First, as I said, Cole didn’t really have his fastball – at least not early in the game. He was consistently missing low and over the plate with it. To their credit, the Rays made him pay. Here is Cole’s first real mistake, which ended like this:
And here was the location:
That was a big mistake, as it gave the Rays the first inning run right back. It was, as an old friend would say, not what you want. Neither was the second big mistake, which came with the Yankees up 2-1 in the 4th inning:
And here is the location:
This was a trend early on, but Cole was able to work out of it largely because of pitches like this one:
Filth. That is pure filth. Cole’s curve got a ridiculous 7 whiffs on 11 swings (64% whiff-per-swing rate), which shows how unhittable it was. It made his fastball play up a bit, which brings me to the second key takeaway from Cole: he really, really found his fastball as the game went on, particularly in the 5th and 6th innings. It was good timing.
Cole worked his way into a jam in the 5th, walking Brandon Lowe with two outs before allowing (another) single to Randy Arozarena. That brought up Cole-killer Ji-Man Choi, who the Yankees walked after Cole fell behind him 2-0, opting instead to face Manuel Margot. I hate walking a guy with Cole – I want him to embarrass everyone – but I get it. And boy did it pay off. Here is the pitch plot of the AB:
I’ll have more to say about why pitch 2 was a ball below, but pitch 4 was exhilarating: it came in at 100 mph and looked like this.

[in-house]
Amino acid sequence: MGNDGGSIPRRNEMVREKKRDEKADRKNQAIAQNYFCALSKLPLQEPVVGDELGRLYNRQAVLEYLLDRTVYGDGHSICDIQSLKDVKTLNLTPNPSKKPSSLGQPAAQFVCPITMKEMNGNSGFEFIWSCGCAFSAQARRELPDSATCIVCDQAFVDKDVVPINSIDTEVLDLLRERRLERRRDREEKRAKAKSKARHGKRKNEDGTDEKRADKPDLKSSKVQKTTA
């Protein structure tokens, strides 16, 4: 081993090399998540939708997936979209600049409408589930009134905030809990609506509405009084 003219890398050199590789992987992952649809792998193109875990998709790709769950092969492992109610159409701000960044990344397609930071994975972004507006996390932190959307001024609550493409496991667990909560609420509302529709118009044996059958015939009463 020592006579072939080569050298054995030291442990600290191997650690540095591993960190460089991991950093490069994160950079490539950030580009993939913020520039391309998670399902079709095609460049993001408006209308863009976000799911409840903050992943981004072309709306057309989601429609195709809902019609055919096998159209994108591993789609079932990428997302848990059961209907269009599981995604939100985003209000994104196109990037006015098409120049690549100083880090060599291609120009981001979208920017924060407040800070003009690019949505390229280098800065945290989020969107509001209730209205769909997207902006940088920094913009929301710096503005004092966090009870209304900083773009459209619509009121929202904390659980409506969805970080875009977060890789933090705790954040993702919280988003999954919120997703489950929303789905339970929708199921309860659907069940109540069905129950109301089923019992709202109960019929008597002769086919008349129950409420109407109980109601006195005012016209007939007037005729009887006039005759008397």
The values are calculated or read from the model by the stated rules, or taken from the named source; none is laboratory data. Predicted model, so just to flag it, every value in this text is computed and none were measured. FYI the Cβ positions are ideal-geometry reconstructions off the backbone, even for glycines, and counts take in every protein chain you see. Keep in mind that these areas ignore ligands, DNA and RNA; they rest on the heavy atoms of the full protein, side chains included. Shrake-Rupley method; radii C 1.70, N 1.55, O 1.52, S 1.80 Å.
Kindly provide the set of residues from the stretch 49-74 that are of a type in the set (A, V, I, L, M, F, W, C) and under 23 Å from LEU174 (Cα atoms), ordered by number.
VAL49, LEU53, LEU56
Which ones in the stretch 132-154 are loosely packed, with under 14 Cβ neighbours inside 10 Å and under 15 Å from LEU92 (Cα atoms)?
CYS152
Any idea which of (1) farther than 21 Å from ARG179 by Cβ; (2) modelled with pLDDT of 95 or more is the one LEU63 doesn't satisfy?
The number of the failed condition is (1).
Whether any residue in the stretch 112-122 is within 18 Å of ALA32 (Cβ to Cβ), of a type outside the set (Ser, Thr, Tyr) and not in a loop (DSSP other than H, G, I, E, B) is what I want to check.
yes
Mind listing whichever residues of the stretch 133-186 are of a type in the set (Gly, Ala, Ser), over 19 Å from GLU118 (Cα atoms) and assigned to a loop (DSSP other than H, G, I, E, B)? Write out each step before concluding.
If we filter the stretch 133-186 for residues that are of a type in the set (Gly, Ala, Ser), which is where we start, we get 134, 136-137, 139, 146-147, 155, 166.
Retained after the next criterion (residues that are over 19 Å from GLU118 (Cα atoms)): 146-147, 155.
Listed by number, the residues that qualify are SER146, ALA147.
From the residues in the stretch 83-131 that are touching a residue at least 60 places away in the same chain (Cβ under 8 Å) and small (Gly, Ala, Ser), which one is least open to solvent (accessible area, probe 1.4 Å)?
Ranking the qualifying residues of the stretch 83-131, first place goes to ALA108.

Just incredible. Cole then blew through the Rays in the 6th inning, striking out the last two guys he faced. He threw 99+ mph on his 97th and final pitch of the evening. It was a good reminder that, even though Cole is going to occasionally give up HR on his fastball, he needs to be aggressive with that pitch. It’s his best offering, and it’s what makes him great. Aggressive Cole is a good Cole.
Sometimes you win. Sometimes you lose. Sometimes it rains. For the Yankees and Cleveland in Game Two of their Wild Card matchup, all three things happened.
On the way to a 10-9 win by the Yankees, there were two rain delays and questions about why the game started when it did and whether or not it should’ve been played at all. But play they did in a marathon, back-and-forth game that saw the Yankees advance to the ALDS.
Indeed those rain-soaked questions arose early for the Yankees as Masahiro Tanaka got off to an incredibly rough start. It was clear the rain was messing with him as his command and control were absolutely all over the place, leading to a four run inning for Cleveland, right off the literal and metaphorical bat. Before the game was delayed a second time, he gave up back-to-back doubles to Cesar Hernandez and Jose Ramirez to get Cleveland on the board. Any thoughts of a reset after the rain delay were quickly washed away.
After getting Carlos Santana out, he fell behind Franmil Reyes, eventually walked him, then gave up a two-run double to Josh Naylor followed by a rocket on the ground to Roberto Perez that took a bad hop, ate up Gleyber Torres at short, and plated a fourth run for the home side. Tanaka looked about as bad as possible in his interrupted first inning.